Margarethe von Trotta’s documentary reminds us of the reasons for Bergman’s continued influence on cinema today.
Criterion has sensitively restored Cold Water, allowing Americans to finally savor the film's simultaneously dreamy and docudramatic vitality.
Olivier Assayas drains the film of the playfulness at its margins, leaving only an esoteric lecture in its place.
A ghost story as much about the vanity inherent to international stardom as it is coming to terms with grief and death.
A very charitable reading might say that Roman Polanski’s Based on a True Story is designed to be self-negating.
The French filmmaker is given to speaking of intuition in ironically ritualistic terms.
The film explores the extent to which Olivier Assayas’s characters have always found, and lost, their identities.
Clouds of Sils Maria is pat and self-conscious, though it’s certainly a remarkably acted formal object.
No other film at Cannes this year has had quite the same shock of the strange as Olivier Assayas’s latest.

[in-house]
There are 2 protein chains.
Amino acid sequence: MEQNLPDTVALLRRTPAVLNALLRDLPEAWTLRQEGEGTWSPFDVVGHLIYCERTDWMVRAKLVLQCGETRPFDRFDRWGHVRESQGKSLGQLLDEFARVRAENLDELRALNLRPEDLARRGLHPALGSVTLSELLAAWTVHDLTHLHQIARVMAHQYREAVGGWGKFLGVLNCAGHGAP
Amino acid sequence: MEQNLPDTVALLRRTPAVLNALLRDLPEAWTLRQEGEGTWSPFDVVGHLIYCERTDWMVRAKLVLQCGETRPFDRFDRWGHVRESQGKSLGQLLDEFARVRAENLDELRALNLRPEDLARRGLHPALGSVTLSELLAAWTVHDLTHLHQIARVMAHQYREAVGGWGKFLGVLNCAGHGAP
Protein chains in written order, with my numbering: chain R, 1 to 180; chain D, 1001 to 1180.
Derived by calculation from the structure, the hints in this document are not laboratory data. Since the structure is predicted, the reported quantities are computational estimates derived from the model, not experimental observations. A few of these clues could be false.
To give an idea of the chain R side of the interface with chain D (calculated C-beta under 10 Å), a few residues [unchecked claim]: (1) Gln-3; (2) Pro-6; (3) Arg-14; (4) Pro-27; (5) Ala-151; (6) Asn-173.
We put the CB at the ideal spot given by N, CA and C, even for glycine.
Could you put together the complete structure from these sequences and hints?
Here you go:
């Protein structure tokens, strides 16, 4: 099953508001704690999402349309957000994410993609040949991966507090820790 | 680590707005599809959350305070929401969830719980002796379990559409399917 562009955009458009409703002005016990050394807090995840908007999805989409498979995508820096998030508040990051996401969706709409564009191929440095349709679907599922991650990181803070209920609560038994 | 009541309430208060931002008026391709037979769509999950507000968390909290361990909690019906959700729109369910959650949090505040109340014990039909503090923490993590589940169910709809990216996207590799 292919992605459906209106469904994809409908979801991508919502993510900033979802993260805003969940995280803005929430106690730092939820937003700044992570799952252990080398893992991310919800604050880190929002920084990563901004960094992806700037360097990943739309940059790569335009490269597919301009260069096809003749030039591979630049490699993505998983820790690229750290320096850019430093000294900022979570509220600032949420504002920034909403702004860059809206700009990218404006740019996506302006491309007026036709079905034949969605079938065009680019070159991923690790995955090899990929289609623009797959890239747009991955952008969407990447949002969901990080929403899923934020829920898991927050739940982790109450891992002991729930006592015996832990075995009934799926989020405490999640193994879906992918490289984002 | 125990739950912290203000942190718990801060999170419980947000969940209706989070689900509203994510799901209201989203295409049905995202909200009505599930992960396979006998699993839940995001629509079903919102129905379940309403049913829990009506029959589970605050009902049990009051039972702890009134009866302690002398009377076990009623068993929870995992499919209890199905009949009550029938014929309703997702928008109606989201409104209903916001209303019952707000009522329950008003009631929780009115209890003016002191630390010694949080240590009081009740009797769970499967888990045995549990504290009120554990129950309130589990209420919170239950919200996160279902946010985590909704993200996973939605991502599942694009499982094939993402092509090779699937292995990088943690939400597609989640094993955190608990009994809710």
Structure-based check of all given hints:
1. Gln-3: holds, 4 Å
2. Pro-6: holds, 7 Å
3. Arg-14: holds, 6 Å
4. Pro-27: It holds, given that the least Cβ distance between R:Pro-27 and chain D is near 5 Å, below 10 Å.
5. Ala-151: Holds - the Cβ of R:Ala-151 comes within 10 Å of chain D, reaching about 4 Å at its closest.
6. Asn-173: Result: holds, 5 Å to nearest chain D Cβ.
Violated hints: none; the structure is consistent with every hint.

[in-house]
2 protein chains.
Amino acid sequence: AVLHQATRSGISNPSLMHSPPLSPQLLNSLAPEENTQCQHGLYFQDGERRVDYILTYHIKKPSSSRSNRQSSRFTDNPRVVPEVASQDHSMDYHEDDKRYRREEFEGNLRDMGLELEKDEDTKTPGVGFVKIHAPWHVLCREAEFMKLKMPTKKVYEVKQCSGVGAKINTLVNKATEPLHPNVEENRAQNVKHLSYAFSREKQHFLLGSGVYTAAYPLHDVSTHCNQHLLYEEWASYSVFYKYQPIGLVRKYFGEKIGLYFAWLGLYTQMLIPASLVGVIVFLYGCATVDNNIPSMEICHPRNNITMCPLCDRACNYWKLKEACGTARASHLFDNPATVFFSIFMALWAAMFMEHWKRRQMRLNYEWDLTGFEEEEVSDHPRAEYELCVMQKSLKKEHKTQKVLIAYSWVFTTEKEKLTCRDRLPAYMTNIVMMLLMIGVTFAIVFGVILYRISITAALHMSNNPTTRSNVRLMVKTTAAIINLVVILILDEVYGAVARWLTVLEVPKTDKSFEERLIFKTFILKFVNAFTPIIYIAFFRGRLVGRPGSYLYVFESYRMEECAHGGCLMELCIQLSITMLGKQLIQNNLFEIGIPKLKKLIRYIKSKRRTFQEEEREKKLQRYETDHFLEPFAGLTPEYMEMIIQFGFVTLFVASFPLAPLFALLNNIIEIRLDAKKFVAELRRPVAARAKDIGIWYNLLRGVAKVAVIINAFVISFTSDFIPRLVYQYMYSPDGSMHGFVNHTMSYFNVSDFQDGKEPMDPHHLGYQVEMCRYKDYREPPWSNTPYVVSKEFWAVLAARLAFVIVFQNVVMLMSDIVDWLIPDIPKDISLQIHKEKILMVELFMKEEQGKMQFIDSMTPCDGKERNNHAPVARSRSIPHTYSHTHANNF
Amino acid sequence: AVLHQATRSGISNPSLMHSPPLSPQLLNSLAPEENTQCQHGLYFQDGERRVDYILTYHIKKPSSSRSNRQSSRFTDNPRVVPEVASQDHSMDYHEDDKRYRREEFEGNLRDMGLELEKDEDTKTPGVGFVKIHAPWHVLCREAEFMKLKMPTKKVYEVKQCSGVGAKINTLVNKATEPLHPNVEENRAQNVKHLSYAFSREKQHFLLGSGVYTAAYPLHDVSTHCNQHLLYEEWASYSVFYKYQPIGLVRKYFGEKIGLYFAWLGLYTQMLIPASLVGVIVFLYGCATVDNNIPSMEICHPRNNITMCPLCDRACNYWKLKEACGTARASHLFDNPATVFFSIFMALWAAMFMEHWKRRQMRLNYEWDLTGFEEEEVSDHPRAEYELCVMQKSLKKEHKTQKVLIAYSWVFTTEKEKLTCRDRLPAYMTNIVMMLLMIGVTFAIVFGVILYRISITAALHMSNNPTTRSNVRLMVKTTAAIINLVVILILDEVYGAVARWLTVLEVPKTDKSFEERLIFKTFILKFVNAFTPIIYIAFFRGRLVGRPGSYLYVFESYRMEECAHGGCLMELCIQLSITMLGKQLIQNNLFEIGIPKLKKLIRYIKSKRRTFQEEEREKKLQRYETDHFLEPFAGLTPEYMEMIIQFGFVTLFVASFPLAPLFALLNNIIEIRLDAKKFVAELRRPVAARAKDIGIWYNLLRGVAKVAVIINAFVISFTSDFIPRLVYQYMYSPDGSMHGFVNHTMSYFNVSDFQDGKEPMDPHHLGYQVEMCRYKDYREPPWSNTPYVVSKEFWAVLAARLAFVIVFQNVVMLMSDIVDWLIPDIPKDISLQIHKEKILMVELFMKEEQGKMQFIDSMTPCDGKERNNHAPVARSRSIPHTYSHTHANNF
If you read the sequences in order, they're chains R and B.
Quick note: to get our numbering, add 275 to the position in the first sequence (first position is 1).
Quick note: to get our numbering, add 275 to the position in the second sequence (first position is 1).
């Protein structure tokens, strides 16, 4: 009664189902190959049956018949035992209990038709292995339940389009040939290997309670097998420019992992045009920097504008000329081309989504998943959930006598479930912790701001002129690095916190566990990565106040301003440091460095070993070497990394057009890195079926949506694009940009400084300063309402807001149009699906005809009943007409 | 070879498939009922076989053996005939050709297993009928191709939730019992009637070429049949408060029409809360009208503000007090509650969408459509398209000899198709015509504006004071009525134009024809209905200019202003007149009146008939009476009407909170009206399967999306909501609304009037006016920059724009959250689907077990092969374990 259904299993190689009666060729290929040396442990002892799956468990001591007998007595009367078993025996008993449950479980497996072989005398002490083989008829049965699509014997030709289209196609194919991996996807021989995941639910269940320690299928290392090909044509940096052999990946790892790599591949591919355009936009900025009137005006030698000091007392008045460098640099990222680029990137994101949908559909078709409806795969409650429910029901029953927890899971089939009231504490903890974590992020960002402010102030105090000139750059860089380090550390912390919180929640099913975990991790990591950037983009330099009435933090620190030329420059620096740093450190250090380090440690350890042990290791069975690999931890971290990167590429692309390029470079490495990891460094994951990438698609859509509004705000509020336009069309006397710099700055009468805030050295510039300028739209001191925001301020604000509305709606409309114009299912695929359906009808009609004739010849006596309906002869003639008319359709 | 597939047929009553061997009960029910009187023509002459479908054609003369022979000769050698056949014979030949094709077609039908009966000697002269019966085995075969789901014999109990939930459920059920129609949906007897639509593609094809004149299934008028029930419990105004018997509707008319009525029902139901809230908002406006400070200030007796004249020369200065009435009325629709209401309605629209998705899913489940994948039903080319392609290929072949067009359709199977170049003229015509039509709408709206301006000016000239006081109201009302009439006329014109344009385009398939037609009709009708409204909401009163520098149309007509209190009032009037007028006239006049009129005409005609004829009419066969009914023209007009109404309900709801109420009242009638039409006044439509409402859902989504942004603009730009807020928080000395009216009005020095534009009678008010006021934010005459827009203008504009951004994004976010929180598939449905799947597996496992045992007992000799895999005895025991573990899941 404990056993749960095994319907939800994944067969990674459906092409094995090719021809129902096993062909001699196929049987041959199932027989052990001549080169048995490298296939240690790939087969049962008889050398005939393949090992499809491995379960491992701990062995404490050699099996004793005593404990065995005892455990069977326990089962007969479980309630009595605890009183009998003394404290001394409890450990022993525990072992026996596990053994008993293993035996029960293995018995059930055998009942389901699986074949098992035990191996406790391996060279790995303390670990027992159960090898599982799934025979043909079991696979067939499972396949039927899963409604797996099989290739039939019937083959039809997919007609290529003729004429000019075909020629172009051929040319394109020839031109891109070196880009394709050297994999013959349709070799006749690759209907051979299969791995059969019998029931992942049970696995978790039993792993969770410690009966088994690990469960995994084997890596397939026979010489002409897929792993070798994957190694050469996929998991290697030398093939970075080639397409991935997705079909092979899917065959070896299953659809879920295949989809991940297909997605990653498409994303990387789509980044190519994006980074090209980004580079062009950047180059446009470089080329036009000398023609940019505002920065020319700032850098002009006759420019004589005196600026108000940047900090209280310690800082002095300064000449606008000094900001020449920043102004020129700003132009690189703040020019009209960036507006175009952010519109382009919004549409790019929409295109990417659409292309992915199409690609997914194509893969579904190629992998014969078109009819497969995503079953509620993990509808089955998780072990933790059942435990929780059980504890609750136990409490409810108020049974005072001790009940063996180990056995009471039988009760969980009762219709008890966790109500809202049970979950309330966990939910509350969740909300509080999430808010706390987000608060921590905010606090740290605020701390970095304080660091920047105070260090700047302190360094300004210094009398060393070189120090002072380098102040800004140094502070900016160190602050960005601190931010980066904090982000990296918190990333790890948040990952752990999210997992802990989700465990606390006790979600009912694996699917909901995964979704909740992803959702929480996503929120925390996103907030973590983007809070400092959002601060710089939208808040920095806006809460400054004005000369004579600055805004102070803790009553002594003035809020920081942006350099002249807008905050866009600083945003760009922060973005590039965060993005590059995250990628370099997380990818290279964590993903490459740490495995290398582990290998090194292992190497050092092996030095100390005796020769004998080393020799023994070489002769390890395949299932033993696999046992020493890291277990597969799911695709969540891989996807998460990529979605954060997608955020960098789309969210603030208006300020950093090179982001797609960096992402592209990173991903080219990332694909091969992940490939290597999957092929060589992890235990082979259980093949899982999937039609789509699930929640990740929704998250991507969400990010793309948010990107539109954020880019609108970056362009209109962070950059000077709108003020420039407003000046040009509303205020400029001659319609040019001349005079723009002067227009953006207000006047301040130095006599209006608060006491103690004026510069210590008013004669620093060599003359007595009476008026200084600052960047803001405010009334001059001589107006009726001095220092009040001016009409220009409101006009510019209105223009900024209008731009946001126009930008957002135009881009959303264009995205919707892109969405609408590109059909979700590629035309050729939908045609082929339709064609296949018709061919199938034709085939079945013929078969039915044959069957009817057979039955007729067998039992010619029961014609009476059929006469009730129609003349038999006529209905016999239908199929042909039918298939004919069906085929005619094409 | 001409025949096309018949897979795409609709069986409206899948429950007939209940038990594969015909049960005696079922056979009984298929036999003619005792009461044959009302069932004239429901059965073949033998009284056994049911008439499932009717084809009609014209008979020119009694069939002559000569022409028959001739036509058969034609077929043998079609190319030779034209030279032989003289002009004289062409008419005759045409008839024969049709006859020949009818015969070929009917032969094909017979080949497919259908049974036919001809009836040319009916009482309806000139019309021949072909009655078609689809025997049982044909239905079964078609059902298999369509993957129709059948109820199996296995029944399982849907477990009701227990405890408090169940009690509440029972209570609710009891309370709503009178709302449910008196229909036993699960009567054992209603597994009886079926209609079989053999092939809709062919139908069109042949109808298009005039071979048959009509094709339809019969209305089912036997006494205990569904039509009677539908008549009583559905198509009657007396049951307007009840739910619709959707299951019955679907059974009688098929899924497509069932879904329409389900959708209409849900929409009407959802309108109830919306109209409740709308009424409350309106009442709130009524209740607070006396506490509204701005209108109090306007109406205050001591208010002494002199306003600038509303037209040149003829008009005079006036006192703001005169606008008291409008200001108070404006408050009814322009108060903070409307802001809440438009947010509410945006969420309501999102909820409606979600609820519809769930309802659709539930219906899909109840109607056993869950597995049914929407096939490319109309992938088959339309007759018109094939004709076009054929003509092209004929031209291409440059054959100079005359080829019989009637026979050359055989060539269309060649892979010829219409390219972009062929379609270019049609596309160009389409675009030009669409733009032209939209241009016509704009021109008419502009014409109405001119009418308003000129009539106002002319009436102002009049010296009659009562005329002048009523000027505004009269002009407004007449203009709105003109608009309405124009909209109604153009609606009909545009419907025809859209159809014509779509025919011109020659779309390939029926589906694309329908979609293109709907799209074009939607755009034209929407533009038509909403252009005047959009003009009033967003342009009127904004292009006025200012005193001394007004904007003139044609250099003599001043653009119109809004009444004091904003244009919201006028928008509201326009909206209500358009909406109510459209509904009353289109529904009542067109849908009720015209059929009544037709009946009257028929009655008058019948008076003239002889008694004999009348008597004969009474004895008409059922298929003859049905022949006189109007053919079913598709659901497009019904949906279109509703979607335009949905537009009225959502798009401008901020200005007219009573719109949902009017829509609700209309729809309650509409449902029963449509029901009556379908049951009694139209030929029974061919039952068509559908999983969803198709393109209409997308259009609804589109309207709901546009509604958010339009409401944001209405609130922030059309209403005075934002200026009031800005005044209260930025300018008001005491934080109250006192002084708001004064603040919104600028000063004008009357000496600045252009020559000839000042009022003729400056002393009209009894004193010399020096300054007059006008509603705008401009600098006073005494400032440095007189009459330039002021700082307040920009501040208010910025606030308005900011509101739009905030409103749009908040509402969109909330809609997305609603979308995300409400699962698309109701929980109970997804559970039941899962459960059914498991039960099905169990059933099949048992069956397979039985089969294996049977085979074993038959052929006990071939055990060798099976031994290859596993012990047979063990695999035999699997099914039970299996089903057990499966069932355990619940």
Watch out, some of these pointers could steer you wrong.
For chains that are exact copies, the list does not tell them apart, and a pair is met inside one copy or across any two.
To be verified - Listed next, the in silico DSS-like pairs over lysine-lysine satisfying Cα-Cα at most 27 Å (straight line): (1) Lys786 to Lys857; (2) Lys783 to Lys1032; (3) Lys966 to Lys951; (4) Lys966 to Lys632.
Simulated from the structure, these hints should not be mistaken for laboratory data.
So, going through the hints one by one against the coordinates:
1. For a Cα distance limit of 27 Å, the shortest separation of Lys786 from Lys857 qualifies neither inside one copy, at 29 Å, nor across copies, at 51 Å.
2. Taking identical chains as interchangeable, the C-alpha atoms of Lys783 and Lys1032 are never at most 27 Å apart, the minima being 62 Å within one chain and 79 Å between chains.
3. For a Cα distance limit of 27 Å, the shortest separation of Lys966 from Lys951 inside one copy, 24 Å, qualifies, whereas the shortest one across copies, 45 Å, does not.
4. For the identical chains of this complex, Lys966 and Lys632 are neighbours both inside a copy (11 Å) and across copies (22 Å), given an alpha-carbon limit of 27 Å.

For Assayas and Almodóvar, their films represent holding patterns like those that their characters can’t escape from.
A buoyant tribute, even if the pedigree of the project implies something more paradigm-shifting.
The auteur discusses his Clouds of Sils Maria’s two-hander premise and working with Binoche and Stewart.
Juliette Binoche and Kristen Stewart’s co-inhabitance on the screen works so well because it’s a non-encounter.
Olivier Assayas’s film is content to comfortably coast along the directionless courses charted by its characters.
Thematic preoccupations are what make individual filmmakers so intriguing as one steps back to examine certain artist’s entire careers.
The film is a wry tribute to the idealistic kids forced to follow in some mighty big footsteps.
Fittingly enough, he who lives by the balls ends up pinched by the balls.